Neutral -- The return path or return conductor in an electrical circuit which in modern circuits must be insulated as if it were hot and kept separate from the ground and "ground wires" until the current gets back to the main power switch for the building or street lighting system.

Non-drip candle -- Wax that drips from a candle and accumulates at the base is difficult to re-use as fuel and is therefore wasted. A "non-drip" candle has an outer layer of wax that melts at a higher temperature. As the candle burns, an equilibrium is maintained where a pool of melted wax feeds the wick and  is held in place at the top by the not yet melted outer edge.

     This pool of wax also keeps the outer layer from getting too hot and melting too soon. Then as the melted wax is consumed and the level drops, the top outer edge no longer has enough melted wax lapping around to help dissipate the heat of the flame. It finally melts, commingles with the pool of melted wax, and feeds the flame. If the flame is buffeted by too many air currents, it will get too close to the outer wax edge, melt it, and allow wax to drip. If the top of the candle is thinner, it is more likely to drip because the outer edge is closer to the flame. If a candle is very thick, the flame will burn down inside and the outer walls are too far from the flame to ever melt and be consumed as fuel. One way to avoid wasting the leftover wax is to melt it in a pot and make new candles from it by hand dipping. Walkways are sometimes illuminated in a decorative fashion using candles placed in paper bags. So long as the flame does not get too close to it, the paper bag won't catch fire.

Ohm's Law -- The relationship between voltage, current, and resistance that is always true; voltage equals current times resistance, or current equals voltage divided by resistance, or resistance equals voltage divided by current. Click here for a more involved discussion.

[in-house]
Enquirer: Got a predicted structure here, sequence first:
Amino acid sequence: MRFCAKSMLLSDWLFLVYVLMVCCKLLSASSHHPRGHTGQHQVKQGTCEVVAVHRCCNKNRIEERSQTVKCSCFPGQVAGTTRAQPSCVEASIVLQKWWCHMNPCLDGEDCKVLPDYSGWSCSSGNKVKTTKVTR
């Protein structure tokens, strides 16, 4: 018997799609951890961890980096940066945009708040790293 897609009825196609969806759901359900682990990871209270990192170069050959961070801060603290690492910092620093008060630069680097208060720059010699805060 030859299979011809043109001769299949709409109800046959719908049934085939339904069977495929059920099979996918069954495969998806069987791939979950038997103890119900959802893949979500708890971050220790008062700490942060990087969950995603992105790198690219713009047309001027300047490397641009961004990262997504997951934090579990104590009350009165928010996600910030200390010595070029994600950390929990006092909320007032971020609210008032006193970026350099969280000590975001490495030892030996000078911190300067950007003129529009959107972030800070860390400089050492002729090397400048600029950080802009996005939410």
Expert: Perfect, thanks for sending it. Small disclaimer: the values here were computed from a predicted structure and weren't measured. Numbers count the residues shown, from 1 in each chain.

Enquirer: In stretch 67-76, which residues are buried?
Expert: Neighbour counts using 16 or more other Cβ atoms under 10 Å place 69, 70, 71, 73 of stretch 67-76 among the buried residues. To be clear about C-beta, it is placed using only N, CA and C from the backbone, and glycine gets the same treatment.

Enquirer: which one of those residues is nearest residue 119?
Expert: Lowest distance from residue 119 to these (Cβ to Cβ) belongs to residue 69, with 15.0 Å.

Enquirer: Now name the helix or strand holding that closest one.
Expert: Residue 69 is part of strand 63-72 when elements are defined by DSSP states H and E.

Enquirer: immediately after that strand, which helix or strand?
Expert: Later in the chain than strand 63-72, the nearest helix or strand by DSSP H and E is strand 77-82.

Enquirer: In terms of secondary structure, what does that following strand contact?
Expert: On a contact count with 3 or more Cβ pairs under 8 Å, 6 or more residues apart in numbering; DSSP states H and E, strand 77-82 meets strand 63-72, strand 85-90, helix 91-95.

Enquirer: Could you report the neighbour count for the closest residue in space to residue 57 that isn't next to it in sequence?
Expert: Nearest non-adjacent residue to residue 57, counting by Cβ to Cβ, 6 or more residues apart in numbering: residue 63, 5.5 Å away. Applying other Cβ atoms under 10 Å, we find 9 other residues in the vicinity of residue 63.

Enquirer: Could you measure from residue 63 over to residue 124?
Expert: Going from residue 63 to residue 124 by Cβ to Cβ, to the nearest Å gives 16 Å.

Parallel or Multiple (as opposed to series) -- Refers to an electric circuit where current can flow to and from each lamp or device without having to flow through another device. No device or lamp is dependent on the integrity of any other (as in Christmas tree lights) in order to operate. A schematic diagram of a parallel circuit might be depicted as a ladder with each rung representing a lamp and the rails standing for "hot" and "neutral" respectively.

Photocontrol -- The device, usually cylindrical and the size of a tin can, that contains a light sensitive element and other electromechanical or electronic components to turn lights on at night and off during the day.

Primary -- Refers to wiring (distribution wiring) typically carrying 2400 to 24,000 volts hot to ground, and carrying power from the substation to step down transformers on street poles or in large buildings where the end user voltage (120, 240, etc. volts) is provided. Streetlights connected in series are usually connected to a primary circuit.

Quarter Moon -- Reflector shaped more or less like an upside down (and short) canoe, with no refractor or covering provided for the lamp inside.

Radial Wave -- A now obsolete reflector style consisting of a circular plate typically about 20 inches in diameter with and ruffles from center to perimeter, suggestive of a ballerina's tutu dress. The lamp protruded a few inches below and was exposed. The underside was almost always white as opposed to polished "silver".

Reflector -- Any polished or light colored object intended to aim (by "bouncing") light in a desired direction as opposed to just block or absorb it.

Refractor -- A transparent panel or dish which also serves as a lamp cover and which has molded ridges to aim by bending (refract) light in desired directions. For street lighting, the ideal is a choice of refractors to produce reasonably uniformly lit areas of specific shapes and sizes. Were it not for the desire to redirect the light, streetlights would have been equipped with simple flat or dished plain glass lamp covers.

Relamp -- Change a light bulb, as in the joke, "how many (xxx) does it take to ... ?"